In this series, we explore some of the darker and sometimes forgotten aspects of Luxembourg. Think sinister chapters of history, eerie folk tales, conspiracy theories, infamous criminals and contemporary issues. This week, we take a closer look at the mysterious death of the man responsible for the conscription of Luxembourgish soldiers into the German army.
Gustav Simon is a name that still haunts the collective memory of Luxembourg. Especially older generations will remember him as the man responsible for turning the biggest fear of many families into reality - and consequently sending, depending on the source, around 3,000 Luxembourgers to their death.
To take a step back, Gustav Simon served as Nazi Gauleiter in the Moselland and as the chief of civil administration in Luxembourg between 1940 and 1945. He worked under the authority of Hitler himself and was determined to eradicate foreign influences in the Grand Duchy. He suppressed French and Luxembourgish and eventually made German nationals out of most Luxembourgers in 1942.
© By Mykemalone - Own work, CC BY-SA 4.0, https://commons.wikimedia.org/w/index.php?curid=62483227
The change of nationality allowed him to conscript between 10,211 and 11,168 Luxembourgish men into the German army, forcing them to fight against the Allies and shed their blood for a country and ideology the majority did not believe in. The decision was a death sentence for many of them.
A mysterious death
Simon's death remains somewhat of a mystery to this day. Luxembourg was liberated by Allies forces in September 1944. When the war ended, Simon went into hiding in Westphalia, posing as a gardener. He used his mother's maiden name and reportedly did his best to change his appearance. On 10 December 1945, his attempt to start a new life came to an end when Captain Hans Alexander managed to track him down and arrest him. Simon was brought to a British Army prison in Paderborn.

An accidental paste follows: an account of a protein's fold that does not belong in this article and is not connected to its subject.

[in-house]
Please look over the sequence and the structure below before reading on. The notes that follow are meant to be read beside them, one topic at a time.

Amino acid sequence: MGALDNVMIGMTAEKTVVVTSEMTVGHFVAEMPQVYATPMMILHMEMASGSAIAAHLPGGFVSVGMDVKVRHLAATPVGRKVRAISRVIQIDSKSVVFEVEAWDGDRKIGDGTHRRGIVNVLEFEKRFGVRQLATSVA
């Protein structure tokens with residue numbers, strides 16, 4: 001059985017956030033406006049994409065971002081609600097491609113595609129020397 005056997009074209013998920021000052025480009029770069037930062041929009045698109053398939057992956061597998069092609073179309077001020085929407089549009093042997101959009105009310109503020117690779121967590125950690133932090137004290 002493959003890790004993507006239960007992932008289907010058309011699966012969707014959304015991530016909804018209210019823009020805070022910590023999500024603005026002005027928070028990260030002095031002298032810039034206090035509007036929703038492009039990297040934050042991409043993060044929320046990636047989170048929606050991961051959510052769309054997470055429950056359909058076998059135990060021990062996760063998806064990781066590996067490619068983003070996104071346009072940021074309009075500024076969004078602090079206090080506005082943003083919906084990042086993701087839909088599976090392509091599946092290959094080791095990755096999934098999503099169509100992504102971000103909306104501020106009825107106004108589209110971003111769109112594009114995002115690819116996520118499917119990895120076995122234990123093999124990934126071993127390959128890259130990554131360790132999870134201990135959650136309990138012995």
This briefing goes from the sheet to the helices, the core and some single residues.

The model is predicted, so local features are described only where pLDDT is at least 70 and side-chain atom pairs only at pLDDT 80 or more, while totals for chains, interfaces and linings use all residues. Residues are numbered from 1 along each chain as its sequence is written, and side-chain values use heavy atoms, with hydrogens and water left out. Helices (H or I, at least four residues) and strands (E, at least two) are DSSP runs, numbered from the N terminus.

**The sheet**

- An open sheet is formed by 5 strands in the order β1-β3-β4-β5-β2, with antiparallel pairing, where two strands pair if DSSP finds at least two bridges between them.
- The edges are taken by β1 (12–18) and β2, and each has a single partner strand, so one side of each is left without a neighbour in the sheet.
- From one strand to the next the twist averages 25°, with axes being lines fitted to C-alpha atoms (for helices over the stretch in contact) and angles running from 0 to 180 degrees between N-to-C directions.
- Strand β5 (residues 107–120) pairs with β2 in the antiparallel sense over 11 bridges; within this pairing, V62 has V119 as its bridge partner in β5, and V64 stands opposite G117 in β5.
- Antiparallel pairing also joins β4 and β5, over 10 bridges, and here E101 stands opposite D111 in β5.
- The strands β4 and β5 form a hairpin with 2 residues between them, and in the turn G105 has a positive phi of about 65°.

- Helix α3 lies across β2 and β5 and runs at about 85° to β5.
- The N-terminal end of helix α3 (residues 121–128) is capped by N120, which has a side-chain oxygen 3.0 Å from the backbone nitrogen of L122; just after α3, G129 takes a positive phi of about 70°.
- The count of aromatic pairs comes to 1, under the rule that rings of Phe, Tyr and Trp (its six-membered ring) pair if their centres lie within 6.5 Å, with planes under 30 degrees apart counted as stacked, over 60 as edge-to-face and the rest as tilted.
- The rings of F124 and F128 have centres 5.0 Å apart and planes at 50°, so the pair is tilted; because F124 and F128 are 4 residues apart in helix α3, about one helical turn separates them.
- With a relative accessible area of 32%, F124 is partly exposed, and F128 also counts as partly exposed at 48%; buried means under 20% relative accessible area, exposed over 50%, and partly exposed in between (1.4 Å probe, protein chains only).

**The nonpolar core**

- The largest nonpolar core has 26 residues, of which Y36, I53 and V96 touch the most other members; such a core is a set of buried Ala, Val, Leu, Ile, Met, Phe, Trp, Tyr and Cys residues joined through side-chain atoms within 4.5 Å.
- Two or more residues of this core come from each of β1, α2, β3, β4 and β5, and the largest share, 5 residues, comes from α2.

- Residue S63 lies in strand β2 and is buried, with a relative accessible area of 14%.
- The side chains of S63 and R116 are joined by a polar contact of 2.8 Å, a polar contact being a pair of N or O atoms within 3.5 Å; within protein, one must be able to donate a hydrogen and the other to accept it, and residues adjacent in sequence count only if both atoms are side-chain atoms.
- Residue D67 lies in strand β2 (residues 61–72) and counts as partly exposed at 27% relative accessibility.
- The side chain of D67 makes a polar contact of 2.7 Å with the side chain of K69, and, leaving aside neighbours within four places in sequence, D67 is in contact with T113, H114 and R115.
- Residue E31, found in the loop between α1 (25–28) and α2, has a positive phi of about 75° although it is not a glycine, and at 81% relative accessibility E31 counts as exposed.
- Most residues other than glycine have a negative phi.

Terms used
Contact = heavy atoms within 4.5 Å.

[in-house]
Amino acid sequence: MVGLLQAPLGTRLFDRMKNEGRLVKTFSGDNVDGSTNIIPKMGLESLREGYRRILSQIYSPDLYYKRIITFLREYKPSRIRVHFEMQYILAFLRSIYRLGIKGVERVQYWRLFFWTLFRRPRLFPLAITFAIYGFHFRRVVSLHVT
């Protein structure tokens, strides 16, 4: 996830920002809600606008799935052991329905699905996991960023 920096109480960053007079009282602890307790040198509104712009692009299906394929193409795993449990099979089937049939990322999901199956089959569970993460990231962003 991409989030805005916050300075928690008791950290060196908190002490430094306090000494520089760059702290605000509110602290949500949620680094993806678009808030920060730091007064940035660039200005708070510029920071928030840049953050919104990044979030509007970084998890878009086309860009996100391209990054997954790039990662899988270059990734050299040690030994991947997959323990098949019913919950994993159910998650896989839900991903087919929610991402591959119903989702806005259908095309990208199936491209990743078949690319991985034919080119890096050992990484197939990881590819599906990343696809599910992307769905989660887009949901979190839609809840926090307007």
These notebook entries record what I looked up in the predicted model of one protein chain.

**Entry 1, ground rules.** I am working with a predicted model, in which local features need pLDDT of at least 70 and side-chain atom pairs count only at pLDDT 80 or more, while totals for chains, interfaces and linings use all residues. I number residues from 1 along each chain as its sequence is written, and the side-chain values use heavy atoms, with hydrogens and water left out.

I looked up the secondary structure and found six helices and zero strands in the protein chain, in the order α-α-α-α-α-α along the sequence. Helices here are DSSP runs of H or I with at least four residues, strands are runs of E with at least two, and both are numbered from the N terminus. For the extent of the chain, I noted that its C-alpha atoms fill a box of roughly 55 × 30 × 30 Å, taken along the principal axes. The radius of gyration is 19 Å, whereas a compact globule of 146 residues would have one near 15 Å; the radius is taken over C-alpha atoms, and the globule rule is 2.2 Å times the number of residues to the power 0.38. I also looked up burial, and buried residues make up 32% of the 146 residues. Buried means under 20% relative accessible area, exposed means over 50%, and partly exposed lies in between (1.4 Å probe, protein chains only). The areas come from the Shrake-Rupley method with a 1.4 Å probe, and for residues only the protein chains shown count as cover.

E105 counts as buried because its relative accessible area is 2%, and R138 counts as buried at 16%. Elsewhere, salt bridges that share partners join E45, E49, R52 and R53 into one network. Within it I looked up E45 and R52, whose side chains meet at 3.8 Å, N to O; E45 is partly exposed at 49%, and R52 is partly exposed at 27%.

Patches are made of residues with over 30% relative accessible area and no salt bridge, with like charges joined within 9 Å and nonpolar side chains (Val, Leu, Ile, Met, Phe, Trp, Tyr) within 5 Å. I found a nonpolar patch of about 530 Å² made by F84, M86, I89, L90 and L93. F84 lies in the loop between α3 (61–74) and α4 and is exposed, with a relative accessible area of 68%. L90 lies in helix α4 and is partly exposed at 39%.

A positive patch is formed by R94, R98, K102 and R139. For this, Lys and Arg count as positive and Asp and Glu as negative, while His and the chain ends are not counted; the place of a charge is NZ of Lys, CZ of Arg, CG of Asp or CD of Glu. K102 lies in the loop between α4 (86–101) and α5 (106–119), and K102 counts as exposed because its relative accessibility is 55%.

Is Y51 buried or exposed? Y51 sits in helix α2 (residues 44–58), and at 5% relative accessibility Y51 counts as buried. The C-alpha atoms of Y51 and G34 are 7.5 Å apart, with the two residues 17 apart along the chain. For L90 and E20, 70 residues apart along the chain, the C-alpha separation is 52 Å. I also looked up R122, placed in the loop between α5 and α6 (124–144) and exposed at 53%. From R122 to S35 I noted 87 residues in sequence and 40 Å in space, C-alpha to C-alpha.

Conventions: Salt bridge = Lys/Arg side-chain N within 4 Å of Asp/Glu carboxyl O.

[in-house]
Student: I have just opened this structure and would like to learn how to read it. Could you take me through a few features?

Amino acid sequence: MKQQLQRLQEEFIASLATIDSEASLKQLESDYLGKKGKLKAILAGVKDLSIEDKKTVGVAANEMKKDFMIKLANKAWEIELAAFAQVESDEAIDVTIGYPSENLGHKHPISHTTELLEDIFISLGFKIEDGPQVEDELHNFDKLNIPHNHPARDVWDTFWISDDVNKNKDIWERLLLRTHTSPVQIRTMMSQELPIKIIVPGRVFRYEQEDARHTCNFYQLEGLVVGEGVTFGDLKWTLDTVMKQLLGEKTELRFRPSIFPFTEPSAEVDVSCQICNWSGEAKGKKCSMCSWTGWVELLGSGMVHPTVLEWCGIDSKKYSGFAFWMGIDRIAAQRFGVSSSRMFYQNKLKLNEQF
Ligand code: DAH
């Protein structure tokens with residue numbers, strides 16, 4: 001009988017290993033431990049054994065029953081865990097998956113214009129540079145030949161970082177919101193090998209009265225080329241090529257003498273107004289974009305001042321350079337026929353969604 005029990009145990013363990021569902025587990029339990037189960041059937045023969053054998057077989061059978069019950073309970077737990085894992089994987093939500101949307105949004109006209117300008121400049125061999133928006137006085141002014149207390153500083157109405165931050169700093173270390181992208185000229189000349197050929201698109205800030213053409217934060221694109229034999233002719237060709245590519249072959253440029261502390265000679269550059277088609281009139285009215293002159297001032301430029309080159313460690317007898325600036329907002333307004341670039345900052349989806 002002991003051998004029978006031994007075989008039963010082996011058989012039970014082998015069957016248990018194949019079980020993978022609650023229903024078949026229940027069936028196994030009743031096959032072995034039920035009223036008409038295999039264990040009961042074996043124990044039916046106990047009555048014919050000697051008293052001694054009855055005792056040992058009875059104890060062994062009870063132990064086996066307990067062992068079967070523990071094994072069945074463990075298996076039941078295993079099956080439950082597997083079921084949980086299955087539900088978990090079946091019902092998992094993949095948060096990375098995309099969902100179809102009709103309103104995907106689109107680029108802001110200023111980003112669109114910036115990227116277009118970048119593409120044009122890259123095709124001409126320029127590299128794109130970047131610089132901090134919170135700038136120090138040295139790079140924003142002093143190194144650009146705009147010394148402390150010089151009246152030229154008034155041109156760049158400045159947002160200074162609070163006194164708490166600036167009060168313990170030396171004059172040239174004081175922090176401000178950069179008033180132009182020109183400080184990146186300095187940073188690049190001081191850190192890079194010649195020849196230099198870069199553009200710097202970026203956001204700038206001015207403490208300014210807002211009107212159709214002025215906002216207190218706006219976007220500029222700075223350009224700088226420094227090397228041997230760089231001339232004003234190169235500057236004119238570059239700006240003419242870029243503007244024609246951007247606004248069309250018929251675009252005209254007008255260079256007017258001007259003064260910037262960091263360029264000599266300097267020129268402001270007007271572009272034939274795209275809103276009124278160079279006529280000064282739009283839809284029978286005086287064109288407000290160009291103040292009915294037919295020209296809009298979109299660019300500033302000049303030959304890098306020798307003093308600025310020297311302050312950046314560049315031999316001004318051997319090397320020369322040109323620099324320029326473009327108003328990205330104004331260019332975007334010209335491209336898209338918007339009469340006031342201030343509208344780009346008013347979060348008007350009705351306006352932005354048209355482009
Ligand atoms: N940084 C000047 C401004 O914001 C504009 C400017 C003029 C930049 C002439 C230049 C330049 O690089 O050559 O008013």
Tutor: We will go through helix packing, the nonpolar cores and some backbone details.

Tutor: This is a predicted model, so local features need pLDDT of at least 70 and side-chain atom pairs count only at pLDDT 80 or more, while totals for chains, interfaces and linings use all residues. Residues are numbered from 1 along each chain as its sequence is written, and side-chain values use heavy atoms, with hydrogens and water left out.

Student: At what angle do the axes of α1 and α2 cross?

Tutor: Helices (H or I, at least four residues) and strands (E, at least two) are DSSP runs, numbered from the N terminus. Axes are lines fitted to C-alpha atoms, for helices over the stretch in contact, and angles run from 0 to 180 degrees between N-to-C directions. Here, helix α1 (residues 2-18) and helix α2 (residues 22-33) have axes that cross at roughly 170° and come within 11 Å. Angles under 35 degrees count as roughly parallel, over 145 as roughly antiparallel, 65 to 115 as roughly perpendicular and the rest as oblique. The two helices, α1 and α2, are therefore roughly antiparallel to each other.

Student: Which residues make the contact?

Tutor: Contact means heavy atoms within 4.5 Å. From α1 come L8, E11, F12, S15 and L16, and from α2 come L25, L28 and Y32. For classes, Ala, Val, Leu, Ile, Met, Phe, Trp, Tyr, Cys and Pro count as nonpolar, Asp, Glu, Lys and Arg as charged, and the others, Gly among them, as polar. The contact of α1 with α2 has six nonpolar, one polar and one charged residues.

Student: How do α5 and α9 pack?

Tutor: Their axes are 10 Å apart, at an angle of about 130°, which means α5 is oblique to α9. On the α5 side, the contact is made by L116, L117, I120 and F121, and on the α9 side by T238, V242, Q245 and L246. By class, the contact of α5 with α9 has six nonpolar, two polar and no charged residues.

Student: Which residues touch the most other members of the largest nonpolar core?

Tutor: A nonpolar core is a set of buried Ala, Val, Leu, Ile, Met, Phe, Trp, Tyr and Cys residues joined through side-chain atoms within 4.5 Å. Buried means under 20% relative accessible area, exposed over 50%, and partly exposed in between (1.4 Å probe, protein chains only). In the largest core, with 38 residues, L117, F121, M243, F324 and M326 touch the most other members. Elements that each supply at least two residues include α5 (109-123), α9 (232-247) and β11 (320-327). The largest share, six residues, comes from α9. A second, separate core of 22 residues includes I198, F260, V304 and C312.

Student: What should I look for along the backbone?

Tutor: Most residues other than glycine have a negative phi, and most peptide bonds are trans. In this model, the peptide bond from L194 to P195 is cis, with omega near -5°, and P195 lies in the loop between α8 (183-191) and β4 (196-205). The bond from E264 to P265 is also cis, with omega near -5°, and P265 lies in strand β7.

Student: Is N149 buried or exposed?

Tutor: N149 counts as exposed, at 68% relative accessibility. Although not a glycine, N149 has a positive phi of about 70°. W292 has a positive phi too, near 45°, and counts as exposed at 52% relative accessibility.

According to the official version of his death, Simon managed to commit suicide by hanging himself from his bedpost in his prison cell in Paderborn before being brought to a court in Luxembourg. His dead body was then brought to the prison in the Grund district of Luxembourg City where it was photographed by the press before being buried. As the author of an article that appeared in the Escher Tageblatt in 1945 puts it, " the hangman of our homeland could unfortunately only be brought back to the place of his atrocities as a corpse."
Escher Tageblatt 21 December 1945
Most older Luxembourgers will tell you that this official version was a cover-up, and that Simon was in fact killed in Luxembourg. Some historians also believe that he was still alive when he was brought to Luxembourg by car. According to this version, he was executed at Waldhof on his way to Luxembourg City.
In his book on his great-uncle Hanns Alexander (the war crimes investigator who tracked Simon in Westphalia), Thomas Harding for example argues that the unofficial story is indeed true. As I mentioned above, Simon officially died by hanging himself from a bedpost.
This seems unlikely: Simon was taller than 1.60m and the bedpost was a mere 1.40m high. Simon was also on suicide watch 24/7, which makes it even more unlikely that he should have succeeded in taking his own life. Apart from these inconsistencies, Simon's death certificate was also only issued two months after he officially committed suicide. Harding also points to various witnesses who allegedly came forward to claim that the official version was untrue.
Why Simon was maybe executed at Waldhof is yet another question. Once again, there are two different theories: some claim that his murder was an act of revenge orchestrated by Luxembourgish partisans. Others believe he was killed by so-called "Gielemännecher" (Luxembourgers who collaborated with the country's Nazi occupiers) who did not want Simon to testify against them in court as they had too much to lose. It remains uncertain to this day which version is true.
Gerry Erang is a journalist, editor, and translator for RTL Today with a background in English Literature.